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Alpine Lake

Trinity Alps Wilderness

Trinity Alps + Marble Mountain Wilderness, California

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Alpine Lake

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  • Welcome to the wilderness.- Alpine Lake
  • Hiking along the trail.- Alpine Lake
  • A snake along the trail.- Alpine Lake
  • A section of the scramble to the lake.- Alpine Lake
  • The trail leading to the lake shore.- Alpine Lake
  • The first view of the lake along the trail.- Alpine Lake
  • One of the granite walls that surrounds the lake.- Alpine Lake
  • Dusk reflections.- Alpine Lake
  • A perfect spot to camp and have a meal.- Alpine Lake
  • Late morning light illuminates the lake.- Alpine Lake
  • A view of the lake from a surrounding mountain side.- Alpine Lake
  • Early in the summer the flow from the lake creates a meadow.- Alpine Lake
  • Traveling down the scramble.- Alpine Lake
  • - Alpine Lake
Overview + Weather
Pros: 
Great views. Many swimming opportunities. Abundant wildlife.
Cons: 
Steep rocky scramble. Exposed trail. Exposed camp sites.
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Region:
Trinity Alps + Marble Mountain Wilderness, CA
Congestion: 
Moderate
Pets allowed: 
Yes
Net Elevation Gain: 
3,200.00 ft (975.36 m)
Parking Pass: 
Not Required
Preferable Season(s):
Summer, Fall
Suitable for:
Hiking, Horseback
Total Distance: 
17.00 mi (27.36 km)
Trail type: 
There-and-back
Trailhead Elevation: 
3,000.00 ft (914.40 m)
Current Local Weather:
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Hike Description

Hike Description

Contributor

Alpine Lake is nestled against 2,000-foot granite ridges in the southwestern section of the Trinity Alps Wilderness. From the ridge to the southwest rises 8,031-foot Little Granite Peak. The outflow of Alpine Lake cascades through granite boulders until it combines with Stuart Fork Creek and eventually Trinity Lake.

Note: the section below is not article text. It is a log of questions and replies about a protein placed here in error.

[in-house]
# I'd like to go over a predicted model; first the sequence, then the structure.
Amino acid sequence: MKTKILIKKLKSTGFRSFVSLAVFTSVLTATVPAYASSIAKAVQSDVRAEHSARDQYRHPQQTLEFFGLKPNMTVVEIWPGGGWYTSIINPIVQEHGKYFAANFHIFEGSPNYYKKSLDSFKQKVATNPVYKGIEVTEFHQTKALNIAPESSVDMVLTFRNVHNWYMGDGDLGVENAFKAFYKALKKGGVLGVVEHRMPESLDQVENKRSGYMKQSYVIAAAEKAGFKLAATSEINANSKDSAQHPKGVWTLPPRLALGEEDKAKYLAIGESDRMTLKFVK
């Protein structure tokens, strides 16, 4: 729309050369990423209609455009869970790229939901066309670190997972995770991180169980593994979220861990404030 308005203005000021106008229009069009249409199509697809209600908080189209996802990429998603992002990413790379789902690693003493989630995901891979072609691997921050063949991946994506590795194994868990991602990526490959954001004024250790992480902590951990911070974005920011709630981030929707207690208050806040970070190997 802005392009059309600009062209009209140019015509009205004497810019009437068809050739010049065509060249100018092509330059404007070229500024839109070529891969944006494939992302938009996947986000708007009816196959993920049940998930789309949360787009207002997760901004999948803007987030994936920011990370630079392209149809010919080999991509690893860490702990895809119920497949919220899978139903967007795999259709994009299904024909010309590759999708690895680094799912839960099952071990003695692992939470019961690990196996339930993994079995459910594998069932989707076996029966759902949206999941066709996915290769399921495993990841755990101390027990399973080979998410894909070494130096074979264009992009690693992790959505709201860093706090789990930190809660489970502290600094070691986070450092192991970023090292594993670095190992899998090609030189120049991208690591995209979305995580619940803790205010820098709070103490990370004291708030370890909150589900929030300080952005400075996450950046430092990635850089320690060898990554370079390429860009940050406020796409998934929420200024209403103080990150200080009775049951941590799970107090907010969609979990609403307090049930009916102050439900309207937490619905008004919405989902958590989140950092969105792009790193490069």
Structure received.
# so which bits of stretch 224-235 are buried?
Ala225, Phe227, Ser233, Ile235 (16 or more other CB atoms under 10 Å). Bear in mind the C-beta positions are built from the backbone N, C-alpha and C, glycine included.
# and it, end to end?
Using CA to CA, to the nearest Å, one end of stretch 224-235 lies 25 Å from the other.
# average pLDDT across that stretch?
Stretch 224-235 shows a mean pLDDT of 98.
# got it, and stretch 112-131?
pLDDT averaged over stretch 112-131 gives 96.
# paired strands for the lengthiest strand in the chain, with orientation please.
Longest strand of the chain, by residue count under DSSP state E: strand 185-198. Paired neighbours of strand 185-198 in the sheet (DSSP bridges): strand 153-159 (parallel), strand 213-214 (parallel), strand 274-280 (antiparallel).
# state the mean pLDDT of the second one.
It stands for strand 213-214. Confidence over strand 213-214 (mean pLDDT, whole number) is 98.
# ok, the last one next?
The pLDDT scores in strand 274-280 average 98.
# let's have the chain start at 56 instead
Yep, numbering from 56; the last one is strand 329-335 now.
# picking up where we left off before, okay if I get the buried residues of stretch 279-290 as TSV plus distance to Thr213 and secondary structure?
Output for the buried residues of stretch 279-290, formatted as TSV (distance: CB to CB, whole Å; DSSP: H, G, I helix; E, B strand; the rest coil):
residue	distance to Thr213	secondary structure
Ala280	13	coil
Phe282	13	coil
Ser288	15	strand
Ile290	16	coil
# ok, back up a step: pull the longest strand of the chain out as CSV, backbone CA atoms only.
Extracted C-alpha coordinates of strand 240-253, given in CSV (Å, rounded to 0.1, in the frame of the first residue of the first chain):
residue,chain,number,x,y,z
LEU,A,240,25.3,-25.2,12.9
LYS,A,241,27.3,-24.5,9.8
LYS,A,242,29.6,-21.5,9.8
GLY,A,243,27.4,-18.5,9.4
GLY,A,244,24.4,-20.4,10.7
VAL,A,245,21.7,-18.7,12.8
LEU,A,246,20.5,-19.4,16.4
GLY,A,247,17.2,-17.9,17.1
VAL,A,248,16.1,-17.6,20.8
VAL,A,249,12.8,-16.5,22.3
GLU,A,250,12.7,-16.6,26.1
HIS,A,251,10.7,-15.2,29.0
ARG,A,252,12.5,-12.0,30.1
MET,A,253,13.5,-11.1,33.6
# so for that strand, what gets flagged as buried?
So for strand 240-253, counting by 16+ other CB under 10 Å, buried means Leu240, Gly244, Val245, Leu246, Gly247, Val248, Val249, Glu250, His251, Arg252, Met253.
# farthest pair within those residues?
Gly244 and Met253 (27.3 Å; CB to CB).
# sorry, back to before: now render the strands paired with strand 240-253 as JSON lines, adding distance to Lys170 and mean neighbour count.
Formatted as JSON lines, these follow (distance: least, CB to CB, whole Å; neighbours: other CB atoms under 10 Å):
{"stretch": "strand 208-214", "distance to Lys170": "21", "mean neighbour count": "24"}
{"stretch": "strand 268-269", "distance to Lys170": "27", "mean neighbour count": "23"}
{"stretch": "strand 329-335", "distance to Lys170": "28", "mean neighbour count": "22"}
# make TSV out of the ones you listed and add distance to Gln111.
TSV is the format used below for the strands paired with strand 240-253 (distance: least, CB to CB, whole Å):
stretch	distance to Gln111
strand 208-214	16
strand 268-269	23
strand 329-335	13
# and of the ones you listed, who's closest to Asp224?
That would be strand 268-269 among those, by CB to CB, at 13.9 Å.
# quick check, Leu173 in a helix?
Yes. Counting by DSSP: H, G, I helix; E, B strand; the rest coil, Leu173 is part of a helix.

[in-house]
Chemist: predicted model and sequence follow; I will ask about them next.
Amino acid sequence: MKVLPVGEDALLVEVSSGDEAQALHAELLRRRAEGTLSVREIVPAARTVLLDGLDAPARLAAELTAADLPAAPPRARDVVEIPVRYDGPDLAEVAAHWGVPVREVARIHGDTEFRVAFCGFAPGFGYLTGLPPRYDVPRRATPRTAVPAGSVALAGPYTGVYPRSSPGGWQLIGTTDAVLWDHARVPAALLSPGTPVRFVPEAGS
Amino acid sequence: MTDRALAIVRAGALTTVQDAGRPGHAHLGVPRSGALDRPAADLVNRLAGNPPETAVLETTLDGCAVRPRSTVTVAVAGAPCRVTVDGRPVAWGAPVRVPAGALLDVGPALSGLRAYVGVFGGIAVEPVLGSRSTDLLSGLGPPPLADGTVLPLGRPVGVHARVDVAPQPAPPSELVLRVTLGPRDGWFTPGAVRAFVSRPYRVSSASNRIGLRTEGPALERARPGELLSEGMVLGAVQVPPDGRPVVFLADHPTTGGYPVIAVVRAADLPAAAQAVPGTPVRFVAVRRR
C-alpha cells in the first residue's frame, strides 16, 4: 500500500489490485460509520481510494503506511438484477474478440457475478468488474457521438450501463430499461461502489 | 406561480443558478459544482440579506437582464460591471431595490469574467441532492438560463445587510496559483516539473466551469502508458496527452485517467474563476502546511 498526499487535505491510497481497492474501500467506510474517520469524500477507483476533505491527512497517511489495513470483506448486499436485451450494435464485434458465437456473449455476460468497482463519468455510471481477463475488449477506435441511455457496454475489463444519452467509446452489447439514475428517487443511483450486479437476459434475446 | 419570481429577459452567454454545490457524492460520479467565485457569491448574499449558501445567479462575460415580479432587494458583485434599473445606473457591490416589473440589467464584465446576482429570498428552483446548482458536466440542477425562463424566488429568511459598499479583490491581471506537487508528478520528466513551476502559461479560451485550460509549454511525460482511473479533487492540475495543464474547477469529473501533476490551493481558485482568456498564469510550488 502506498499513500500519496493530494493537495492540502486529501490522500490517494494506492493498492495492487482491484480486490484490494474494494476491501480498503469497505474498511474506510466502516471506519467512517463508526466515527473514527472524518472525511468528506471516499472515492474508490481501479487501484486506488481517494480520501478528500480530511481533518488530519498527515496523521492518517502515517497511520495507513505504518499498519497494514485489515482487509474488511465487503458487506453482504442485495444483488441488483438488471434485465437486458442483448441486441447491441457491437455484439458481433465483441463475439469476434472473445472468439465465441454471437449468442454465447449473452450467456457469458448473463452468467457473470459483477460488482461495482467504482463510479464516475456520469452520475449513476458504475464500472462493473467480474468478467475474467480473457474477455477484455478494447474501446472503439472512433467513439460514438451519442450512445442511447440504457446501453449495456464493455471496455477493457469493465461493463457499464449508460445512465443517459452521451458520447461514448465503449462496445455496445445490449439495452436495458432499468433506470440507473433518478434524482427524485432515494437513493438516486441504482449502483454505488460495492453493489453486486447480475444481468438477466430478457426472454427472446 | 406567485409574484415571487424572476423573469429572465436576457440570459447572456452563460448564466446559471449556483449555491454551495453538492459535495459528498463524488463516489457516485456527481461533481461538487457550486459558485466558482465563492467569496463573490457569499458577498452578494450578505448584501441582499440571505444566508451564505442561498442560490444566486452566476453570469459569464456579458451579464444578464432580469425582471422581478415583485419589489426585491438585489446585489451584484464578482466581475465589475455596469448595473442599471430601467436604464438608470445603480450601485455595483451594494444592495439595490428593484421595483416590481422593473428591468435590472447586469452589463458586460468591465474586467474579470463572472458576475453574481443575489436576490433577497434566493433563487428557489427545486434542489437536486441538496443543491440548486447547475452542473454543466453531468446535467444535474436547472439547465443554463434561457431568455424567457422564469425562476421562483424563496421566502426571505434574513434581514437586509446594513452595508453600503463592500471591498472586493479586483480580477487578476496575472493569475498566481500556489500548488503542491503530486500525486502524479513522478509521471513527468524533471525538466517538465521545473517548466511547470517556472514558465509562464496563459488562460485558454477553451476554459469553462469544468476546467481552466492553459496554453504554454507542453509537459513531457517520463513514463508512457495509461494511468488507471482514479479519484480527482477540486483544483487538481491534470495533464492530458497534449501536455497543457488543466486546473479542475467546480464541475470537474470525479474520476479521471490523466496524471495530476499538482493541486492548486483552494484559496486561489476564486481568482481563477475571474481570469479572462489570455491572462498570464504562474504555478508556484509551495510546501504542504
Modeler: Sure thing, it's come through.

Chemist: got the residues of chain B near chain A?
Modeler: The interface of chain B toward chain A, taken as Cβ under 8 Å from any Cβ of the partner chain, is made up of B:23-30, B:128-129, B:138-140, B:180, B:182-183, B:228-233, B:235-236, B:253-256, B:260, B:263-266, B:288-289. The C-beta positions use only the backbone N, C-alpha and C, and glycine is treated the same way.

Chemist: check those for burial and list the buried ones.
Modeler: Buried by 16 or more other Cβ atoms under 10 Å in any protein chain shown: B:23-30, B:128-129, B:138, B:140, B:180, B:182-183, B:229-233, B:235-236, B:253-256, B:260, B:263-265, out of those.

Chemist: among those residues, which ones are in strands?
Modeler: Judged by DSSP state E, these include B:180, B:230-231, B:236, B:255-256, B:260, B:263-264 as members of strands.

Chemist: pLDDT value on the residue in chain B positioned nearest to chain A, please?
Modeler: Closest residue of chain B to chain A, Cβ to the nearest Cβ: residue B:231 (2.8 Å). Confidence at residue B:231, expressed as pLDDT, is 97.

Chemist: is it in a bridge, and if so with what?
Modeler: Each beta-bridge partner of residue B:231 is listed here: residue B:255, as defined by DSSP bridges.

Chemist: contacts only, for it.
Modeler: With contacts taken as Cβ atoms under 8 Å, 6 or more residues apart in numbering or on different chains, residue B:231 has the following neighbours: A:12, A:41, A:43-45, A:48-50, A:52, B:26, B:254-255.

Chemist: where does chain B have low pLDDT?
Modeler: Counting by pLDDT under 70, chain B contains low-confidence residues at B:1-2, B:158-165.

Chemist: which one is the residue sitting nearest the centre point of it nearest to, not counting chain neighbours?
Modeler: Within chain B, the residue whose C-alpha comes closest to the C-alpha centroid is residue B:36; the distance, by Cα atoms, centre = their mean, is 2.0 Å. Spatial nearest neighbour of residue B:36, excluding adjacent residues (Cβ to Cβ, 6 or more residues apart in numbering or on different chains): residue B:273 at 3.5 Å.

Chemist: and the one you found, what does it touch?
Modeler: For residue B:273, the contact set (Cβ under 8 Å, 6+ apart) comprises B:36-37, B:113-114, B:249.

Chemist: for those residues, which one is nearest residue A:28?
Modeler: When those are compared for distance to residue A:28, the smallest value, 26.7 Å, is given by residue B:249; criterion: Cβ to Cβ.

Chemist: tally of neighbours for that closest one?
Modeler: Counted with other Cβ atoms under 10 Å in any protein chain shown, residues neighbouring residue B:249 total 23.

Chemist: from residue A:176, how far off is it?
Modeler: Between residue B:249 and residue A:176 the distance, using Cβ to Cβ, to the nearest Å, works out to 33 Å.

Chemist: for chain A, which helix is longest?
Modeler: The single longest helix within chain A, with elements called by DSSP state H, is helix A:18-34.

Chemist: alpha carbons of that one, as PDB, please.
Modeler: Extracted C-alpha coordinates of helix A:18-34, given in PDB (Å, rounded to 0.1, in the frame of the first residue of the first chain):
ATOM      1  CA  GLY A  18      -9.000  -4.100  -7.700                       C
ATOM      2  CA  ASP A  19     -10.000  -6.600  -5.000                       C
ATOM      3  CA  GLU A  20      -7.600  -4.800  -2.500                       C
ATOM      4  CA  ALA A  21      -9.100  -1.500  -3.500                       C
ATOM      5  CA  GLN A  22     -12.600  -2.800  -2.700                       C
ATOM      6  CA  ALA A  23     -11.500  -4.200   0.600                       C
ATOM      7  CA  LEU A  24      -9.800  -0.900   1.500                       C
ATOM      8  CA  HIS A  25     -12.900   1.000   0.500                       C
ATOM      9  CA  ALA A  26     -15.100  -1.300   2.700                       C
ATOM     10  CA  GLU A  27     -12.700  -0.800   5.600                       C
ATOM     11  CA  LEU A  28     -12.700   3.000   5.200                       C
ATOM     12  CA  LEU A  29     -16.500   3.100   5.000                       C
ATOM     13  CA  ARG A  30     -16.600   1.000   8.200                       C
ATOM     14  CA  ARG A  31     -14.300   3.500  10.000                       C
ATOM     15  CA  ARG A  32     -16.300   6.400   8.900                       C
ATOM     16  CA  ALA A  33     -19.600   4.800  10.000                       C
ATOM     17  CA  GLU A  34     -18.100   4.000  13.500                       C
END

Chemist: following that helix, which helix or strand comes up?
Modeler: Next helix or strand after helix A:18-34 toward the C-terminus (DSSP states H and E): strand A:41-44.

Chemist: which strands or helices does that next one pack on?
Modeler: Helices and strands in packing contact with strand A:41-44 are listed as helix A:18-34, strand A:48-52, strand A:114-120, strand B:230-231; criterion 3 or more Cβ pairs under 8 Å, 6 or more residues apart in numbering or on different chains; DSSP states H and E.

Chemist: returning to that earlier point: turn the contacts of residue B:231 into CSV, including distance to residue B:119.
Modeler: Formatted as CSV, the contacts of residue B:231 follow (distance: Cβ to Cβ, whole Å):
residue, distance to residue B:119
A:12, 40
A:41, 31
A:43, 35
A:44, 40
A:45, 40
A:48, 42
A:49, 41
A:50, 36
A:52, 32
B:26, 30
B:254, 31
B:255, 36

The Trinity Alps Wilderness Area was designated a national wilderness area in 1984 and stretches over half a million acres, one of California's largest wilderness areas. In addition to being one of the most diverse conifer areas in the world, many large mammal species also call this place home: black bears, mountains lions, black-tailed deer, and bobcat are a few of the more noteworthy. Large predatory birds are also common, especially the osprey.

Osprey are a very common sight fishing in the lakes at dawn and dusk. These predatory birds rest on nearby trees and watch for fish swimming in the lakes as much as 130 feet away. When a fish is sighted the osprey will dive feet first at the water creating a slapping sound. The sound of an osprey fishing is distinct in the Trinity Alps and usually means a good show is underway. Another way to guess an osprey is nearby and hopefully fishing is by their cry. This call is an irritated cheep cheep and is commonly heard when the bird is disturbed. 
 

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Updates, Tips + Comments

Field Guide + Trail Map

Field Guide + Trail Map

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Location + Directions

Location + Directions

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(16 within a 30 mile radius)

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